Unfortunately tocolytic drugs have side effects, such as maternal cardiac arrhythmias, and a number of these drugs also have side effects on the fetus as well. Thus these drugs are generally not given unless it is clear that there really are premature contractions.

Unfortunately, without instrumentation, patients often have difficulty in distinguishing between normal Braxton-Hicks contractions, the onset of abnormal uterine contractions such as preterm labor. As a result, in order to better detect preterm labor and other abnormal uterine contractions, in the early 1990's, various types of uterine contraction monitors, often called tocodynamometer devices, or Home Uterine Activity Monitors (HUAM), were introduced to the market.

These early HUAM devices were rather cumbersome however. The standard method of use was to instruct the patient to put the HUAM device on for an hour, collect data, then remove the HUAM device, connect the device to a telephone and transmit the data to a center on a twice daily basis.

After an initial burst of enthusiasm regarding the utility of HUAM, work since then has tended to discourage this approach. In 2001, the American College of Obstetrics and Gynecology published a position statement that cast doubt on the efficacy of these devices, and other studies since then have also been negative. At present, most major medical insurance carriers do not provide coverage for HUAM devices.

BRIEF SUMMARY OF THE INVENTION

At present, skilled workers in the field tend to believe that HUAM is of minimal or no practical value in the management of preterm labor. In this specification, devices and methods intended to overcome the problems of prior art HUAM monitoring methods are disclosed.

In one embodiment, the invention may be a uterine activity monitor device capable of being comfortably worn throughout the day, often on a nearly continual basis. Here continual basis is defined to mean an appreciable part of the day, such as more than a third of the day (i.e. more than 8 hours), such as more than 12 hours, more than 15 hours, more than 18 hours, or more than 21 hours a day. This monitoring device may comprise a belt, such as an elastic belt, configured to fit around a pregnant patient's abdomen. This belt will have at least one, and often a plurality of, uterine contraction sensors configured to monitor uterine contractions and produce uterine contraction signals. In order to avoid signal distortions caused by patient movement, which will be inevitable for devices intended to be worn throughout the day, this belt will often have at least one ambient motion sensor configured to monitor non-uterine contraction movements and produce other movement (background movement) signals. The device will often have a processor, such as a microprocessor and associated software, configured to correct the uterine contraction signals for distortions caused by the patient's movement. Ambient of background patient movement may be detected by other (non-uterine contraction) movement (background movement) sensors. The device may also often have either an onboard memory to store these various signals, a wireless transmitter or transceiver configured to transmit these signals to outside devices, or both.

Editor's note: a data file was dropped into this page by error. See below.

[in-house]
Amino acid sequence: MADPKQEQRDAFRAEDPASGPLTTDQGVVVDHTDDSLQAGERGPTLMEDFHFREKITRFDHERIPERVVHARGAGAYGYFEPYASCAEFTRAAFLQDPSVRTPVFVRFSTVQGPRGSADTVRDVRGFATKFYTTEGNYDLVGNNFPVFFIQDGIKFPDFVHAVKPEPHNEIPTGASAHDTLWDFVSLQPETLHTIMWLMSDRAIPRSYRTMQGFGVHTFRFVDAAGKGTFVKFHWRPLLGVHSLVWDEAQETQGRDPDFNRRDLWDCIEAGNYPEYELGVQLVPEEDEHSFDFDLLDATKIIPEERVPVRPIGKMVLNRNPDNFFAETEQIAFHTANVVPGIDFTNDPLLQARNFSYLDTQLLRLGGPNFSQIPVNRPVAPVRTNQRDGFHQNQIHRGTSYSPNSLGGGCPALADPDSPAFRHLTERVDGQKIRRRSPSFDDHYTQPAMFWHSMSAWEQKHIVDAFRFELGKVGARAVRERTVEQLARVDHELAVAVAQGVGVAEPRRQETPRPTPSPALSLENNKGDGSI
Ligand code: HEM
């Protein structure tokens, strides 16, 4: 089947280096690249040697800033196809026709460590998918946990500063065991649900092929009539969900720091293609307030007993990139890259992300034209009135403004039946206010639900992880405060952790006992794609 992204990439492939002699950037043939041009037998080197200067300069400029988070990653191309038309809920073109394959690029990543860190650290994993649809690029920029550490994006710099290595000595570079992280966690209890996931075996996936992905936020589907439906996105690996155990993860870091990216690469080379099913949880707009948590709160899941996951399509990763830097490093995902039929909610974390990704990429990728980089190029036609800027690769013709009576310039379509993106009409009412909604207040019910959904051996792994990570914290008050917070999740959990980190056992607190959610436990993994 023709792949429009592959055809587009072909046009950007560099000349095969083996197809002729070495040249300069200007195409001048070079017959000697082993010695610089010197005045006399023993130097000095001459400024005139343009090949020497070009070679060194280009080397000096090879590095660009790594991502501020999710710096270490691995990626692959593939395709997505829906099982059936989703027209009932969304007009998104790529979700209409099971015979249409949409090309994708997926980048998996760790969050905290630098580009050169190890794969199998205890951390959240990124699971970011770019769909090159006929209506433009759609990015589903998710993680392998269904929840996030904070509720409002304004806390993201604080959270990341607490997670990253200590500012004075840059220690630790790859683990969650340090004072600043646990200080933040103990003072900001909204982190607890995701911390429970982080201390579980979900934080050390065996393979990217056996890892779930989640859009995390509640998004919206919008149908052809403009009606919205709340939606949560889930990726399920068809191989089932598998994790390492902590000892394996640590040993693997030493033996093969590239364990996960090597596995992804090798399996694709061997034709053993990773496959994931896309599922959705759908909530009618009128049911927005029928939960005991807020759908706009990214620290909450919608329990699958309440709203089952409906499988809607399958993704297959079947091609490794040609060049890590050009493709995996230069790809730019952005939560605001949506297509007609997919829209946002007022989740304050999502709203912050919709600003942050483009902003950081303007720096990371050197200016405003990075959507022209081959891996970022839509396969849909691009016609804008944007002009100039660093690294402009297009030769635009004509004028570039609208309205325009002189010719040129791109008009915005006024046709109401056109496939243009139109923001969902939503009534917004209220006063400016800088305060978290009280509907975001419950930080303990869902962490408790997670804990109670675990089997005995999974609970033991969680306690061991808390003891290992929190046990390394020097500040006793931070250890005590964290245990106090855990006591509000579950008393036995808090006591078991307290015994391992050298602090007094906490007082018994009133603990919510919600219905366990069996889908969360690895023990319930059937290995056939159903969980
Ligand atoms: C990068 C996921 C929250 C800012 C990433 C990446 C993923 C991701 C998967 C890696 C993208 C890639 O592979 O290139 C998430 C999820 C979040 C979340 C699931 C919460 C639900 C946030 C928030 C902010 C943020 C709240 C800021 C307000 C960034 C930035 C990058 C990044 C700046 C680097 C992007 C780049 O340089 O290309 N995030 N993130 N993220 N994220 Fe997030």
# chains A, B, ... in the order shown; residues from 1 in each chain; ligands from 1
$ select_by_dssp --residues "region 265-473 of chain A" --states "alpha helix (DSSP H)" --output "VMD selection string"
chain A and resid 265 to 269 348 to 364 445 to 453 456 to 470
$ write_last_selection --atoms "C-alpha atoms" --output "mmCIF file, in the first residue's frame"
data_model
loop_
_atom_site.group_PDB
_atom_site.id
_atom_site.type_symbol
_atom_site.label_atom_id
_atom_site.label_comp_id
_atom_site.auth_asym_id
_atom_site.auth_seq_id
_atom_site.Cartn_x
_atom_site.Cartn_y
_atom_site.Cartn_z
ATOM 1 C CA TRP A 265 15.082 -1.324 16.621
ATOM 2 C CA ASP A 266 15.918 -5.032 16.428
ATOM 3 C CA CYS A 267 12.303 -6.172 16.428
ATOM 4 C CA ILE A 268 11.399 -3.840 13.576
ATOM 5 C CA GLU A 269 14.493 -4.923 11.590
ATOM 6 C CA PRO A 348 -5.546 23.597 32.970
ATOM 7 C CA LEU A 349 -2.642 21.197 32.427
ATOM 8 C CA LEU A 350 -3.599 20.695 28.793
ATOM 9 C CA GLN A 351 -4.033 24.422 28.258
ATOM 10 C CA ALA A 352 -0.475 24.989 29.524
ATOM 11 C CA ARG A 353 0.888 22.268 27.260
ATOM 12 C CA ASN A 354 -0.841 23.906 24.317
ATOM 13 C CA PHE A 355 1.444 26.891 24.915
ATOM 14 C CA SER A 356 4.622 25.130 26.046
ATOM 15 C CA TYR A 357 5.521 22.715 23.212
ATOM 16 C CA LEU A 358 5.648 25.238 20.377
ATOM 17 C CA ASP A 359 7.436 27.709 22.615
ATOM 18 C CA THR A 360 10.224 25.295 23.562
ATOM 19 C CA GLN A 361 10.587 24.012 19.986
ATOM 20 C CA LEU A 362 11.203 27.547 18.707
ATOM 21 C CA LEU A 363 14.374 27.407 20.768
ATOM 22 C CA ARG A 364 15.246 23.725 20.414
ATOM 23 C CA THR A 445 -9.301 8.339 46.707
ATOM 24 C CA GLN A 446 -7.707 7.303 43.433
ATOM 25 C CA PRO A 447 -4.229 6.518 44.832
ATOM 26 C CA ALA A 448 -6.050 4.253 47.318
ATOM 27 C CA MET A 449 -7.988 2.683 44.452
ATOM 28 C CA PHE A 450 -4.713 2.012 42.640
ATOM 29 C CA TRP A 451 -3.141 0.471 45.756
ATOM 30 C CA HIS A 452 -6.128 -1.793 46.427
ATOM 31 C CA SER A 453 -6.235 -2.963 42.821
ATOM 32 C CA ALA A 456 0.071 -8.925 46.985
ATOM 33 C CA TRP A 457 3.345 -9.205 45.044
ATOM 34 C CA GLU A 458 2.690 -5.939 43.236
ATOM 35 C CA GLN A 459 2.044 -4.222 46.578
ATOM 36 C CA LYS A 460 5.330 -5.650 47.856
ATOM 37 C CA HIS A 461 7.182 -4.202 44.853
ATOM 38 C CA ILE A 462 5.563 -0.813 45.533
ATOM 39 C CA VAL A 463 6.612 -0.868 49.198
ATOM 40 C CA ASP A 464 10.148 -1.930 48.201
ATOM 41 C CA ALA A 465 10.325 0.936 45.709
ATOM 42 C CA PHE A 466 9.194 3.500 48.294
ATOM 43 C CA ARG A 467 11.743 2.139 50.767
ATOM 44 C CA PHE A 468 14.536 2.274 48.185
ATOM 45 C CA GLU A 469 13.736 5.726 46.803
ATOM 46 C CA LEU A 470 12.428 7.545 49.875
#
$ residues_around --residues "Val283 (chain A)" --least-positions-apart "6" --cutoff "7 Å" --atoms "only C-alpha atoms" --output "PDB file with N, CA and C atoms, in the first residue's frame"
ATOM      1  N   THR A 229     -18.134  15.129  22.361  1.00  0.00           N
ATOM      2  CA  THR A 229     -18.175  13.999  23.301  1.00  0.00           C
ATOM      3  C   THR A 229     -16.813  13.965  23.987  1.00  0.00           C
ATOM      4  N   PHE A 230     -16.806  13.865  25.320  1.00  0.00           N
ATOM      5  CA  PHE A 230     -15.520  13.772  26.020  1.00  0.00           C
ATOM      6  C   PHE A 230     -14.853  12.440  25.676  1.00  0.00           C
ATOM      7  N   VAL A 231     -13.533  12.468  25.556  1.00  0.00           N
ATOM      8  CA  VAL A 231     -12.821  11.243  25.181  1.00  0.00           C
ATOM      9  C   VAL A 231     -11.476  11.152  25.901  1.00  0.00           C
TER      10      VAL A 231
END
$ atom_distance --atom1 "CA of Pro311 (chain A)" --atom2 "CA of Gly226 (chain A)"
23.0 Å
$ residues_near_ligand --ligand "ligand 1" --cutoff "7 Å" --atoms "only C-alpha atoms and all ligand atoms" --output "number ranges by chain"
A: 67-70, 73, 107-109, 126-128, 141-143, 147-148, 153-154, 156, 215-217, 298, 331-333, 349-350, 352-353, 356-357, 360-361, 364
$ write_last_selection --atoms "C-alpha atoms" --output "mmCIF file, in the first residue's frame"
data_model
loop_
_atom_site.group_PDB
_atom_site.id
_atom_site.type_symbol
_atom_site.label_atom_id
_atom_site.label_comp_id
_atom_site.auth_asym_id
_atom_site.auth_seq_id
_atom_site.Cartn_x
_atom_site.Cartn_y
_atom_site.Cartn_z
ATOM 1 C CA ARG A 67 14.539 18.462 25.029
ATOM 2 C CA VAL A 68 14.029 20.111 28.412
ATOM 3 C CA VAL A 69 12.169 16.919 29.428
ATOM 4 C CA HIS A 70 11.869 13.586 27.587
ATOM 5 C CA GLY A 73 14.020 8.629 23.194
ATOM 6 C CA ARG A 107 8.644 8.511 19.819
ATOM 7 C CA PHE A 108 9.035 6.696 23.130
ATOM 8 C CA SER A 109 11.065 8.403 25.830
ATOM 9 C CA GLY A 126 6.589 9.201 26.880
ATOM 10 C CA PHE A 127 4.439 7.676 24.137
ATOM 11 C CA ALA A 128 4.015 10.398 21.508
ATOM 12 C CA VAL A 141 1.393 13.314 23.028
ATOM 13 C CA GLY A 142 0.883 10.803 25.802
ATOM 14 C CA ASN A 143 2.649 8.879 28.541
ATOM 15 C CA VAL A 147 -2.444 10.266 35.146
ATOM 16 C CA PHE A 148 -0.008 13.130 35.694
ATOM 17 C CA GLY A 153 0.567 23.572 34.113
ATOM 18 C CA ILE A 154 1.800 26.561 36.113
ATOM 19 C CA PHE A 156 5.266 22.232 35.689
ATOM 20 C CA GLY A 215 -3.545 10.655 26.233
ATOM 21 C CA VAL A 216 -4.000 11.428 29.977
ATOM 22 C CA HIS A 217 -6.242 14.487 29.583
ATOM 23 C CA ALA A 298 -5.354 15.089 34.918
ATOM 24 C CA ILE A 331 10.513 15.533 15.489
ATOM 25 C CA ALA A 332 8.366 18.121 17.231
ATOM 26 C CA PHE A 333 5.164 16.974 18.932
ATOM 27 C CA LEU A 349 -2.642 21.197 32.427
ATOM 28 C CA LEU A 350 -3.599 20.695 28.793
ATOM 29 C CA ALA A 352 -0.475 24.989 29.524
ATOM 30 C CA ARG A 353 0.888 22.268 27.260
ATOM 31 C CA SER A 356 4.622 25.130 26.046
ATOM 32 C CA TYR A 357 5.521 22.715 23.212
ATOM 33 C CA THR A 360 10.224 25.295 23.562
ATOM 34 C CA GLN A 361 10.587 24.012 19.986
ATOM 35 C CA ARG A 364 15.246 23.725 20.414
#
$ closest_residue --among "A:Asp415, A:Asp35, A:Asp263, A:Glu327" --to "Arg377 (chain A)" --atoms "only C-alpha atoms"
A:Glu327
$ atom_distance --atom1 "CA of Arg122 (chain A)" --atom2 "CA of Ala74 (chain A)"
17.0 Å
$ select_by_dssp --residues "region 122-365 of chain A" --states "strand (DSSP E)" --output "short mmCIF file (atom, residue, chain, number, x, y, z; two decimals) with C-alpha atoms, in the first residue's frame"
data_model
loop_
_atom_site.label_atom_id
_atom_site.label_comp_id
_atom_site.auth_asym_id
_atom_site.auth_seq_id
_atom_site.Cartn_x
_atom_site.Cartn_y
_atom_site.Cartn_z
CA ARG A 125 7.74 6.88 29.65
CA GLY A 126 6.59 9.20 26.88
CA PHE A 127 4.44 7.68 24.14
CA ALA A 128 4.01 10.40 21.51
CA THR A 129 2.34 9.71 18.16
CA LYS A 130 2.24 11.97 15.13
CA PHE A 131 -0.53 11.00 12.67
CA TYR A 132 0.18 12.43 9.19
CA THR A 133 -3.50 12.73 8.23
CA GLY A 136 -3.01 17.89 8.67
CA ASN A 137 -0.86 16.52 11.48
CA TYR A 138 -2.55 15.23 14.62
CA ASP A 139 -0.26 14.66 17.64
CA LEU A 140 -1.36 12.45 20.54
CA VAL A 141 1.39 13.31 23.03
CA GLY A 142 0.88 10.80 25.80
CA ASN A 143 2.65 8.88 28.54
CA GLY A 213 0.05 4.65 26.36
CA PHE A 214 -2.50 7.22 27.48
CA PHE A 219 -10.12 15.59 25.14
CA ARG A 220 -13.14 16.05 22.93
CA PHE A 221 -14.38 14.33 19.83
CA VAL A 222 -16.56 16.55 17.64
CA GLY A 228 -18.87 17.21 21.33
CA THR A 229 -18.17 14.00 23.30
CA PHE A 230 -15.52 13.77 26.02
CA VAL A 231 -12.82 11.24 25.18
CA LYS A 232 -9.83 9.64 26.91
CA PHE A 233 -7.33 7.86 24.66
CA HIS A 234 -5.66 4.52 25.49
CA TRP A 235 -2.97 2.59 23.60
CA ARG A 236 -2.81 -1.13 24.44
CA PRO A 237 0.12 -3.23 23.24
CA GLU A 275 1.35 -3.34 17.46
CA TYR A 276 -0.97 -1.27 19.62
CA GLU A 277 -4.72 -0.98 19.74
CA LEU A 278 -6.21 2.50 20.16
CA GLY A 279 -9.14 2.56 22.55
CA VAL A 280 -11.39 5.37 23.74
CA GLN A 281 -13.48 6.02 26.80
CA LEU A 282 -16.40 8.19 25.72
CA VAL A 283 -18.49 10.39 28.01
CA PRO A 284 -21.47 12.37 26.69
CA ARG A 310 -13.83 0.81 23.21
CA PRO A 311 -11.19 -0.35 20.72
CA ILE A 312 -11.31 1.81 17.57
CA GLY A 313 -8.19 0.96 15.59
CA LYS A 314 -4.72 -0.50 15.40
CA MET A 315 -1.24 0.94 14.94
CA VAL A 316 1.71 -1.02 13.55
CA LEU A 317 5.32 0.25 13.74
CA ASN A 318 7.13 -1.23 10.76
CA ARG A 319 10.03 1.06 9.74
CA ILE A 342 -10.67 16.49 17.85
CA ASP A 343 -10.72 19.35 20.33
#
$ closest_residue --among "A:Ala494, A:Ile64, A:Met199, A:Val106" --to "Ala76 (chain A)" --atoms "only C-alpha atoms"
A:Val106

In some embodiments, the uterine contraction sensors will often consist of at least one, and often a plurality of motion sensors such as stretch sensors (e.g. elastic stretch sensors that change resistance or capacitance when stretched), pressure sensors (e.g. micro-electromechanical systems (MEMS) pressure sensors), often configured in an orientation to more specifically respond to uterine contraction motion and pressure. The ambient or background motion sensors will often consist of at least one, and often a plurality of motion sensors such as stretch sensors which may be configured in an orientation to more specifically respond to motion other than uterine contraction motion and pressure. The ambient motion sensors may also include patient movement sensors such as accelerometers (e.g. MEMS accelerometers) and the like.